3. Is Rhema using RPM throughout her entire day as a form of communication and education or only in the evenings and on weekends? In talking to other parents whose kids are doing really well with RPM I was told that RPM needed to be used consistently and not to go back and forth between other forms of communication (e.g. signing, augment. comm.) and other means of educating as that is counterproductive. I am not sure if that is true for all but it makes sense as it would probably be confusing. Emma’s Hope Journey is a great blog and in reading it I’ve learned so much from Emma and her mom. Emma’s mom went full time RPM. She is having such success. I am so happy for everyone using RPM. It’s so effective and really helps the kids show what they know!

  4. I also love what Ido says (below) in one of his recent blog posts. He is so right. Most people who are educating kids on the spectrum are NOT teaching grade level lessons in school nor are the kids getting the appropriate physical exercise which is so important. I hope all schools, at some point, will begin in to learn the importance of his advice.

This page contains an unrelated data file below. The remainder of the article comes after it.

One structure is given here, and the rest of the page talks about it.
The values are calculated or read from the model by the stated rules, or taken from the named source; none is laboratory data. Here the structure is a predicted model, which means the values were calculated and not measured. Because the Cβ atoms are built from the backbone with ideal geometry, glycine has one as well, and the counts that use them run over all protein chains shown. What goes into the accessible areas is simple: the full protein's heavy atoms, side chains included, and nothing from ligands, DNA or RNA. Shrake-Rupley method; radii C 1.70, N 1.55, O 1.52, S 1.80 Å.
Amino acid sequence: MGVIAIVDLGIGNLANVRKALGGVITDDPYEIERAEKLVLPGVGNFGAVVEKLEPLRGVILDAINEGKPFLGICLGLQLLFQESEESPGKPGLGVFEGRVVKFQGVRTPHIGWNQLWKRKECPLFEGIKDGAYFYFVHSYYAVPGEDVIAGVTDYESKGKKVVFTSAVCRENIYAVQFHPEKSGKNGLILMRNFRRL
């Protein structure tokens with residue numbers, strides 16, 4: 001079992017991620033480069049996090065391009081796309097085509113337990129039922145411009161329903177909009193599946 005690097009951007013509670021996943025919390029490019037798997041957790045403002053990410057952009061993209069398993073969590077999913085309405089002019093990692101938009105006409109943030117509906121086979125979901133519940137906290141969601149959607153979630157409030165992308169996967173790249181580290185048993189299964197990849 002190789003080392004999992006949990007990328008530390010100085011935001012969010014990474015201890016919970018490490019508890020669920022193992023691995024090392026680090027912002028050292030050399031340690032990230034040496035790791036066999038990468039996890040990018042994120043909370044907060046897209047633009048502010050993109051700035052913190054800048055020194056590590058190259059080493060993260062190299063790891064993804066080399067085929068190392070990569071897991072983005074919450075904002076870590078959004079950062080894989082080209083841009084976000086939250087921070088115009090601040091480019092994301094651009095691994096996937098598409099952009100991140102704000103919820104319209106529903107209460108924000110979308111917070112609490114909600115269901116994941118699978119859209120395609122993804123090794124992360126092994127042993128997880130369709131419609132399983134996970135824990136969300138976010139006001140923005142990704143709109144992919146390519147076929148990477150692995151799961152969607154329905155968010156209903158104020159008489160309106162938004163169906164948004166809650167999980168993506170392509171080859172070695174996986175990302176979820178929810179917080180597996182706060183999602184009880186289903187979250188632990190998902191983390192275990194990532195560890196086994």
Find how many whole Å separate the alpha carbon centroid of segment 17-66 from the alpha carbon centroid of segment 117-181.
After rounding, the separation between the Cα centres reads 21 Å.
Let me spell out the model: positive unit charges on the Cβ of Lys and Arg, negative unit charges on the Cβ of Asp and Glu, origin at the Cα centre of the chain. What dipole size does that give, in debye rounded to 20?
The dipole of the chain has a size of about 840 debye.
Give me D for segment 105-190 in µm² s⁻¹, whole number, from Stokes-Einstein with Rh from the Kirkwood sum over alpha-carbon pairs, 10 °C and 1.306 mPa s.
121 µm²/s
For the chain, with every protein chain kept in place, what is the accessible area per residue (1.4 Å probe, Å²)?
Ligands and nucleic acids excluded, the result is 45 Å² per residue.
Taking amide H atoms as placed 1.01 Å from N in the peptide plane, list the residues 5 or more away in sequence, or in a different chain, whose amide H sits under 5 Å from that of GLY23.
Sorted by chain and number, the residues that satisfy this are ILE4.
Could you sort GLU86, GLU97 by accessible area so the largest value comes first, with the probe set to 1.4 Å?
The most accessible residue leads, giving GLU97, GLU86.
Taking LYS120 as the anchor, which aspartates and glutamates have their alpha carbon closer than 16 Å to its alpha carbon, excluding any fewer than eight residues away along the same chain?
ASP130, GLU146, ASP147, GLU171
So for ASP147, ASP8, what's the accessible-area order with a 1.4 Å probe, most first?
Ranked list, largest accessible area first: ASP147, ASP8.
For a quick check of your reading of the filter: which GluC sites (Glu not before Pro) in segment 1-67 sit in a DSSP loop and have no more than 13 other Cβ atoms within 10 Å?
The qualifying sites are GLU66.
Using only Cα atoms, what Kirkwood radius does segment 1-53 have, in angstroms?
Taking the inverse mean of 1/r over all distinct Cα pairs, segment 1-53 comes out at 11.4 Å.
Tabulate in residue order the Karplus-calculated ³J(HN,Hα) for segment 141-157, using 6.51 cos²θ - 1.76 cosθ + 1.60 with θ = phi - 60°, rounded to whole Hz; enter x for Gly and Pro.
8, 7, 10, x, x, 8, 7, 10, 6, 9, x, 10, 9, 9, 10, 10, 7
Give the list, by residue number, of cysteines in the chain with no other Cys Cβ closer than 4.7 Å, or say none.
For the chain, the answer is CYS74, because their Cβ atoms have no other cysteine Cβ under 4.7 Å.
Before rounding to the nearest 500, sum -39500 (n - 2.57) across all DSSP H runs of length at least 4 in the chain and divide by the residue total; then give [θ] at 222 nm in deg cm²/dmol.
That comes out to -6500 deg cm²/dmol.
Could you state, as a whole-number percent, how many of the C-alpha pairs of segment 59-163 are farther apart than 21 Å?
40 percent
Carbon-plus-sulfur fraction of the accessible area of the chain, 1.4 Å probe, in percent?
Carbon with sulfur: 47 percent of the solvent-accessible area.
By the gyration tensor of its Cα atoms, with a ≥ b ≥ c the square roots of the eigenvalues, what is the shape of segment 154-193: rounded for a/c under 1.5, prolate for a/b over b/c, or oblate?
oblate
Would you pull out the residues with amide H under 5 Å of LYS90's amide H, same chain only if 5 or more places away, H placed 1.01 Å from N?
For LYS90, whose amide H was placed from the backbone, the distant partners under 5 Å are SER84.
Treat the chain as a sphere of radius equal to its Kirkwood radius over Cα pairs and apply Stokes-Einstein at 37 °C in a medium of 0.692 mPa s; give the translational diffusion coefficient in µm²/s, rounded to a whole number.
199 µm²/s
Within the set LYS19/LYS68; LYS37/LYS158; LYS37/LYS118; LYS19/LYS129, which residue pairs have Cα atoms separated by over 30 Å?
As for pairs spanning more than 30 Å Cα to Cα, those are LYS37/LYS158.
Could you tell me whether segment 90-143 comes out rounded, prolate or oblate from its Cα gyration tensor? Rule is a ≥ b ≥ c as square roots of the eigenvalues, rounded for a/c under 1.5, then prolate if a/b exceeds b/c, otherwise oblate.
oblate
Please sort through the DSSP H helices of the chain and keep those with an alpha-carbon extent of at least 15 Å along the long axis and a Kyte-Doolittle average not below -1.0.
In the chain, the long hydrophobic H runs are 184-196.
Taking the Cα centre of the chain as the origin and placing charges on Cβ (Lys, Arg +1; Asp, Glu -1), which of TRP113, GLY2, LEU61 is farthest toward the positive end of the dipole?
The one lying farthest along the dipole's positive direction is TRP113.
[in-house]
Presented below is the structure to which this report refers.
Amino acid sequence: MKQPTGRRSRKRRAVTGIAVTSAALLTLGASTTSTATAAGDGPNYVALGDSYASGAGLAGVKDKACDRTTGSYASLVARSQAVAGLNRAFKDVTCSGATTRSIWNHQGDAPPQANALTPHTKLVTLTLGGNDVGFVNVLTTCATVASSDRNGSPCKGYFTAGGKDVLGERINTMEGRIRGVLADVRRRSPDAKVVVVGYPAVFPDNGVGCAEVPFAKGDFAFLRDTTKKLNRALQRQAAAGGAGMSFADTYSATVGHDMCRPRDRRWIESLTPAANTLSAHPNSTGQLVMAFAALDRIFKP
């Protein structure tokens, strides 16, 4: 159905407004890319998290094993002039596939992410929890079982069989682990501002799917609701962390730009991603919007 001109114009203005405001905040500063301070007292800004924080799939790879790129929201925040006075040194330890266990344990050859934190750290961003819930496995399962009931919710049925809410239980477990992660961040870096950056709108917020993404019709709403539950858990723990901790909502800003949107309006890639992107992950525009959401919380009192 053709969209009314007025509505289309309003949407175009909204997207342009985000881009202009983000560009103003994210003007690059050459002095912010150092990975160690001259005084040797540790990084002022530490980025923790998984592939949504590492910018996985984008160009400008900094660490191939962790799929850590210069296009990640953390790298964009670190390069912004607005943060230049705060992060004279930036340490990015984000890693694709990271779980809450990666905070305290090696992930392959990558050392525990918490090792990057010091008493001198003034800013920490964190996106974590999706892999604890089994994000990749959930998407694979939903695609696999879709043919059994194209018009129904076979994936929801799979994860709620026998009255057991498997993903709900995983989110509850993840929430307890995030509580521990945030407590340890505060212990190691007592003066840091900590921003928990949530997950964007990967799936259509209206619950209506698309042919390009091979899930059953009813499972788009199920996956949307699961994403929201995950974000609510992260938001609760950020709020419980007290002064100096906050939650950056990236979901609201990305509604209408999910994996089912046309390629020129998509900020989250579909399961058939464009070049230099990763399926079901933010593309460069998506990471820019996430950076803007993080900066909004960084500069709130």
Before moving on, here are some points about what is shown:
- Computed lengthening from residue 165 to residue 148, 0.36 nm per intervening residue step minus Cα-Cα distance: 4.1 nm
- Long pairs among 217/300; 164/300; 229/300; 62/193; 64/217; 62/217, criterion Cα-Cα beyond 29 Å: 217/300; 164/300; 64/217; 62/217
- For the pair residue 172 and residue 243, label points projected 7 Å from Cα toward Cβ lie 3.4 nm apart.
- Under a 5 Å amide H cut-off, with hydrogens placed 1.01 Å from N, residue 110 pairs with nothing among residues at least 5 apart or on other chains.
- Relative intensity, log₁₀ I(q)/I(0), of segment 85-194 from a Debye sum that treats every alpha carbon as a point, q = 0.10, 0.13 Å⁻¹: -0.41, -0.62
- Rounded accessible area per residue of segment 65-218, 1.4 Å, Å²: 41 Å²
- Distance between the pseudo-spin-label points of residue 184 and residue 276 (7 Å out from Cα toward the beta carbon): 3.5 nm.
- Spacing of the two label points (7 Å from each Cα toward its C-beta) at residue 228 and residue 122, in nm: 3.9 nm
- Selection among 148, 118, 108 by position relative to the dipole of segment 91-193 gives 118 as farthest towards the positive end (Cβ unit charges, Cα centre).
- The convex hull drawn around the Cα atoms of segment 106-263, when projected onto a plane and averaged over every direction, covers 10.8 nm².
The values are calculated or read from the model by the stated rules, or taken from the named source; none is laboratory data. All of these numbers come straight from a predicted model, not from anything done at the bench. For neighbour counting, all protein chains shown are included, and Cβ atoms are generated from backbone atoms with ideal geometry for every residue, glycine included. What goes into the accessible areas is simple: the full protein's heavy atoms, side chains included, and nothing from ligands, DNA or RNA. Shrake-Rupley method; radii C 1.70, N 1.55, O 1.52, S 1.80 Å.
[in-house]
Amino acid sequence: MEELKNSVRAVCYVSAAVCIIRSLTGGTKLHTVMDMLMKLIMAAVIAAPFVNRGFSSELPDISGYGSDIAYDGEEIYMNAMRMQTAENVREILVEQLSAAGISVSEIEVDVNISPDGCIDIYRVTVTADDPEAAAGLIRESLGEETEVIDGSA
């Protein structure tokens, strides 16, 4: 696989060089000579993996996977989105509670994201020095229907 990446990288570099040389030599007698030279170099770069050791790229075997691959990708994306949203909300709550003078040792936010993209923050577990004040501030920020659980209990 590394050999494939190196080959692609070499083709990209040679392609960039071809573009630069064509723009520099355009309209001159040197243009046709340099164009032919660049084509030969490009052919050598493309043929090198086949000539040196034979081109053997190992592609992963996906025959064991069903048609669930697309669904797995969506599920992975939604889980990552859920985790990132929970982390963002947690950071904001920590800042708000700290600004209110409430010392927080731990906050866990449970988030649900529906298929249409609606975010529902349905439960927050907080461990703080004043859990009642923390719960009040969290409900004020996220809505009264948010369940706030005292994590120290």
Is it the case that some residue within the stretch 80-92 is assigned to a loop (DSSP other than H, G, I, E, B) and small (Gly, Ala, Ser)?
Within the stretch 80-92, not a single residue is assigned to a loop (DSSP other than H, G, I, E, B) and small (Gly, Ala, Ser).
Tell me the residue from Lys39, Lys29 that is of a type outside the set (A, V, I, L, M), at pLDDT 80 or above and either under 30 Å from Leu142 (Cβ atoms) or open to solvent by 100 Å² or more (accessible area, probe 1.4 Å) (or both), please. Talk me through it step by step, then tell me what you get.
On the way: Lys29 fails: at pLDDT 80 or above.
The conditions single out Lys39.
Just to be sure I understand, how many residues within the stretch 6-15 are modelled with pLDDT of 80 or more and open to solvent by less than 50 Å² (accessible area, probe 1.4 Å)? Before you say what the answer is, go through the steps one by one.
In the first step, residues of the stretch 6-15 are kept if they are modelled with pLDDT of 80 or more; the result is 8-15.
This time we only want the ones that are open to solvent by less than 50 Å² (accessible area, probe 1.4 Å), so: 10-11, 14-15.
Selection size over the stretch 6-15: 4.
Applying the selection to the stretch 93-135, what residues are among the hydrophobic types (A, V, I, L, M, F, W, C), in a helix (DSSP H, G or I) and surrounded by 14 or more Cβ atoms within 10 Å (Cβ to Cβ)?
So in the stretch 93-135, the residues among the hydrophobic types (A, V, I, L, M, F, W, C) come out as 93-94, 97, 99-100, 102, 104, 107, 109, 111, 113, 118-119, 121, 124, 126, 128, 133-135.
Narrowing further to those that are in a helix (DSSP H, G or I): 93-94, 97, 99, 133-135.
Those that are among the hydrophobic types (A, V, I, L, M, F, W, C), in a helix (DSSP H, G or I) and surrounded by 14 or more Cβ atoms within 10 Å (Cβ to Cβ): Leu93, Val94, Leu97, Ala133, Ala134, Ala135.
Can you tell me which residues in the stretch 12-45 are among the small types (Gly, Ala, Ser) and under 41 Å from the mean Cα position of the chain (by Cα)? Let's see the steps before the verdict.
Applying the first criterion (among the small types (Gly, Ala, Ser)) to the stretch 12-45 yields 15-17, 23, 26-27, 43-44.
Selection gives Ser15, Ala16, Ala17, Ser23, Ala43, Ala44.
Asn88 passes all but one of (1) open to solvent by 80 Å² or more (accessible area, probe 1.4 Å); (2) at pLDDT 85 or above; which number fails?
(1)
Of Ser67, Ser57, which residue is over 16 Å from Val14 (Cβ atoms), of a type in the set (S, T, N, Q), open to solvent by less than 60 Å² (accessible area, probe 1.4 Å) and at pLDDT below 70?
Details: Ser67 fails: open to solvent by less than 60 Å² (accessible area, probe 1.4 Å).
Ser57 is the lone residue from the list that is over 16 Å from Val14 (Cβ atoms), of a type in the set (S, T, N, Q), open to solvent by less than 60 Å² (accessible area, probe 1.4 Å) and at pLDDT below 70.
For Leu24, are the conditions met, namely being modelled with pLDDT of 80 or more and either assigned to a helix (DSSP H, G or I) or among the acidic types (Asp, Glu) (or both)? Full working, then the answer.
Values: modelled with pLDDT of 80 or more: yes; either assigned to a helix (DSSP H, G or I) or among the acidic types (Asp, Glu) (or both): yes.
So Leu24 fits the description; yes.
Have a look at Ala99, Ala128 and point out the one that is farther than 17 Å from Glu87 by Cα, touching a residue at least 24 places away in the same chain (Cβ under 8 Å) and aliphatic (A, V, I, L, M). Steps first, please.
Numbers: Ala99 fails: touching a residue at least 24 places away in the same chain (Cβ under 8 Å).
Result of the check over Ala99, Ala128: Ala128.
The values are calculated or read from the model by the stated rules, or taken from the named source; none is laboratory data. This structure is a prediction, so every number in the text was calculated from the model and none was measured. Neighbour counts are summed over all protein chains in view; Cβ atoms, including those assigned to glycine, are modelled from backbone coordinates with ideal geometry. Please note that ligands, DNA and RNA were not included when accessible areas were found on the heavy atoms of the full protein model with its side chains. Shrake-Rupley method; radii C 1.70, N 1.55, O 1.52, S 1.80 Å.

“Give people with autism the benefit of the doubt.

    Speak normally to them.

    Teach grade level lessons in school.

    Work on real physical fitness early. We need smart fitness trainers more than swings.

    Look at people who have successfully taught typing to severely autistic people. Do their students progress and become increasingly independent in their communication? Does this not demonstrate something worth exploring?

    Finally, listen to those people with autism who have broken through their silence to be able to describe their experiences. We offer insights from the inside. This is valuable because our outsides mislead and theories can go astray as a result.”